Radial Extracorporeal Shock Wave Treatment for Chronic Plantar Fasciopathy (RSWT_CPF)
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|ClinicalTrials.gov Identifier: NCT02679521|
Recruitment Status : Completed
First Posted : February 10, 2016
Last Update Posted : February 10, 2016
|Condition or disease||Intervention/treatment||Phase|
|Fasciitis, Plantar||Device: ESWT Device: Placebo||Not Applicable|
Plantar fasciitis, the most common cause of heel pain, accounts for approximately 11-15% of foot symptoms presenting to physicians. In the United States, more than two million individuals are treated for PF on an annual basis. The term Plantar Fasciitis implies an inflammatory condition by the suffix 'itis'. However, various lines of evidence indicate that this disorder is better classified as 'fasciosis' or 'fasciopathy'. Details about etiology, pathogenesis, risk factors, diagnosis and general treatment strategies for plantar fasciitis have been provided in a series of comprehensive reviews recently. Briefly, both athletes and the elderly commonly present to physicians with plantar fasciitis, and the diagnosis of plantar fasciitis is usually based on the patient's history and clinical examination. It has been recommended in the literature to start treatment of plantar fasciitis with conservative treatment modalities, including physical therapy, stretching, inserts/orthotics etc. For patients not responding to conservative treatment for 6 months (between 10% and 20% of all patients) extracorporeal shock wave therapy (ESWT) should be considered. In case a patient does not benefit from ESWT either, surgical intervention should be taken into account.
Several randomized, controlled trials of ESWT with focused shock waves for chronic plantar fasciitis were published, demonstrating favourable results in the range of 50% to 70% after a followup period of three months after treatment. Besides this, a recent study demonstrated safety and efficacy of radial extracorporeal shock wave therapy (rESWT) for chronic plantar fasciitis (Gerdesmeyer et al., Am J Sports Med 2008 Nov;36(11):2100-9). These authors administered rESWT or placebo treatment in three sessions, each two weeks (±4 days) apart and evaluated the treatment outcome at twelve weeks and twelve months after the first session. The authors found a statistically significant (p < 0.05) difference in the reduction of the mean Visual Analog Scale composite score between the patients treated with rESWT and the placebo-treated patients both at twelve weeks and twelve months from baseline.
To further evaluate the potential of rESWT to become a routine therapeutic modality in the treatment of chronic plantar fasciitis, the investigators of the present study identified the following questions not addressed in the study by Gerdesmeyer et al. (2008). First, it is unknown whether treatment success can also be reached by two rESWT sessions one week apart, rather than by three rESWT sessions each two weeks apart as applied by Gerdesmeyer et al. (2008). Anecdotal reports by colleagues in Europe indicated that this could indeed be the case. Second, immediate return to normal daily life activities (including sports activities) and normal daily shoe wear indicates that patients suffering from chronic plantar fasciitis and treated with rESWT experience profound pain relief already much earlier than three months after the first rESWT session, applied as first followup in the study by Gerdesmeyer et al. (2008).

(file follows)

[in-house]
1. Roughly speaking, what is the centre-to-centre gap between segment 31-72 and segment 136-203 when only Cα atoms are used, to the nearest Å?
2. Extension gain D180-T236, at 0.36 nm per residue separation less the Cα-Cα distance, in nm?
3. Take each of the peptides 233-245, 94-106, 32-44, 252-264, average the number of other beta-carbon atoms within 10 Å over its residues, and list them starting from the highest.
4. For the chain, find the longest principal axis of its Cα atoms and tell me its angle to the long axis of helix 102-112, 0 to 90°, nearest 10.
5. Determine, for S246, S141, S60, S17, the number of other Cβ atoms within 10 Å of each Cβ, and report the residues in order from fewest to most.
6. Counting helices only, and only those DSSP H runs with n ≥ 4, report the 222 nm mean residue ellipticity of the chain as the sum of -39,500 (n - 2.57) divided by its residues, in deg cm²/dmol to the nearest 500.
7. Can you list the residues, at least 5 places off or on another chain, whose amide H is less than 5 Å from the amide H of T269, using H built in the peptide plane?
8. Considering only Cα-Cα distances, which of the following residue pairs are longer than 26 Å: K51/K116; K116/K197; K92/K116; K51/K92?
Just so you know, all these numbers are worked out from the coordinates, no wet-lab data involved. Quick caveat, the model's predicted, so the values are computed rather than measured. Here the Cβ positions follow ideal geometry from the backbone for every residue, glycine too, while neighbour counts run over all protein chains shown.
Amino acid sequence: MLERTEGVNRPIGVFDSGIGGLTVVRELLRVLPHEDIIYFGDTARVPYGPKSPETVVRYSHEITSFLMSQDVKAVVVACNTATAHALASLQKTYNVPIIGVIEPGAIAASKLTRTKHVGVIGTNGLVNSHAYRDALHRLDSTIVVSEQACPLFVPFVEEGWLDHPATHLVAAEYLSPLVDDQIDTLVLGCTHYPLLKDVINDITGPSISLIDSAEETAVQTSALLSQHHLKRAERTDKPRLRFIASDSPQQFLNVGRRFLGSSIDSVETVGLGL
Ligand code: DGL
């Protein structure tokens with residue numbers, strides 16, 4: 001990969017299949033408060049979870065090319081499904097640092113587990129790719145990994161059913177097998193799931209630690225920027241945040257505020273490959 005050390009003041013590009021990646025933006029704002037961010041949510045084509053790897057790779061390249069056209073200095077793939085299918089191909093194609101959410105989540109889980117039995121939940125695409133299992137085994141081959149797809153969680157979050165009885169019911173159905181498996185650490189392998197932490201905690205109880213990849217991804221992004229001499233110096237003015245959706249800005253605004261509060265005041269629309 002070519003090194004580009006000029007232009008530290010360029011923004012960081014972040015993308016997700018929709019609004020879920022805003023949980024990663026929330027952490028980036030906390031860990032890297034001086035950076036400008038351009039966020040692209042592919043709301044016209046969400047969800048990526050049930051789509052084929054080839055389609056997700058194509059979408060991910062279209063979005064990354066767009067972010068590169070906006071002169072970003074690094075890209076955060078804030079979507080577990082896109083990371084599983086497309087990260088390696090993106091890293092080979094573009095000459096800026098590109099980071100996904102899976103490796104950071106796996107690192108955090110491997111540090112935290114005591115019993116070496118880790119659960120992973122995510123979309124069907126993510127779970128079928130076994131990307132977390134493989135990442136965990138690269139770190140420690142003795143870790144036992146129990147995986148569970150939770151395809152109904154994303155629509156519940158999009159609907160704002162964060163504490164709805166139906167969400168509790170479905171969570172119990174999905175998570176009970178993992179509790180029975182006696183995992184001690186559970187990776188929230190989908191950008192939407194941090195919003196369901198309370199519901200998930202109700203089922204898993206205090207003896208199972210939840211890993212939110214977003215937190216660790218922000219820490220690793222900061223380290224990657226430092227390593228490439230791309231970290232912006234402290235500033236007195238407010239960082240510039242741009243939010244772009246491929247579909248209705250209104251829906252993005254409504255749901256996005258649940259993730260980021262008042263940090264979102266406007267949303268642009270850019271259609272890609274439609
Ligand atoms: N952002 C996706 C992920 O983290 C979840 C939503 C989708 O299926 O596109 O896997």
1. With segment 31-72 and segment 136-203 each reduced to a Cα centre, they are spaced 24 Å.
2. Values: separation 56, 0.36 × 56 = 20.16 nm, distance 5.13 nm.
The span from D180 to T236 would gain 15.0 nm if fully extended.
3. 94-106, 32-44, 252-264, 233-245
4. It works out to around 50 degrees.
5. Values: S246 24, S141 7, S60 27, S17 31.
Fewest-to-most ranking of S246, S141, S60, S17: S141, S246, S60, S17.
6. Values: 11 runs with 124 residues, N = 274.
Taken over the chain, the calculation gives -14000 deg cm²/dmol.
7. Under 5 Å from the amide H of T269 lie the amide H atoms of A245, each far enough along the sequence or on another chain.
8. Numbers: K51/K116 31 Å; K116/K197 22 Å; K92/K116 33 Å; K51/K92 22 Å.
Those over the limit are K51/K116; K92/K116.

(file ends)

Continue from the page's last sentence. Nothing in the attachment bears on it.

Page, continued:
Therefore the hypothesis was tested in the present prospective, randomized, double-blinded, placebo-controlled study that treatment of chronic plantar fasciopathy with two rESWT sessions one week apart will result in profound pain relief compared to placebo treatment already four weeks after the first rESWT treatment, lasting for at least six months.
|Study Type :||Interventional (Clinical Trial)|
|Actual Enrollment :||50 participants|
|Intervention Model:||Parallel Assignment|
|Masking:||Triple (Participant, Investigator, Outcomes Assessor)|
|Official Title:||The Effectiveness of Extracorporeal Shock Wave Therapy for Patients With Plantar Fasciitis Who Satisfy a Clinical Prediction Rule|
|Study Start Date :||October 2007|
|Actual Primary Completion Date :||December 2010|
|Actual Study Completion Date :||December 2010|
Active Comparator: rESWT
Radial extracorporeal shock wave therapy (rESWT).
Radial extracorporeal shock wave therapy (rESWT) was performed by the principal investigator with a Swiss DolorClast device (EMS Electro Medical Systems Corporation; Dallas, Texas, USA).
The Swiss DolorClast device obtained Pre-Market Approval (PMA) by FDA as Class III orthopedic lithotripsy device to treat heel pain associated with chronic proximal plantar fasciitis on May 8, 2007 (PMA # P050004), and was re-classified as Class III Generator, Shock Wave, For Pain Relief (Product Code NBN) in the Spring 2009. The present study started on October 3, 2007.
Each patient received two sessions of rESWT one week apart, with 2,000 impulses per session (air pressure of the device set at 3.5 bar; impulses applied with the 15 mm applicator at frequency of 8 Hz).
Other Name: Swiss DolorClast
Placebo Comparator: Placebo
Placebo treatment was performed identically as rESWT but with a clasp on the heel that prevented transmission of the impulses from the applicator to the skin at the treatment site.
- Pain (VAS score) [ Time Frame: Change from Baseline Pain Score (VAS) at 6 months. ]
- Quality of life (modified Roles & Maudsley score) [ Time Frame: Change from Baseline Quality of Life Score (R&M) at 6 months. ]
To learn more about this study, you or your doctor may contact the study research staff using the contact information provided by the sponsor.
Please refer to this study by its ClinicalTrials.gov identifier (NCT number): NCT02679521
|Principal Investigator:||Mahmoud I Ibrahim, PhD, PT||Rocky Mountain University of Health Professions, Provo, UT 84601, USA|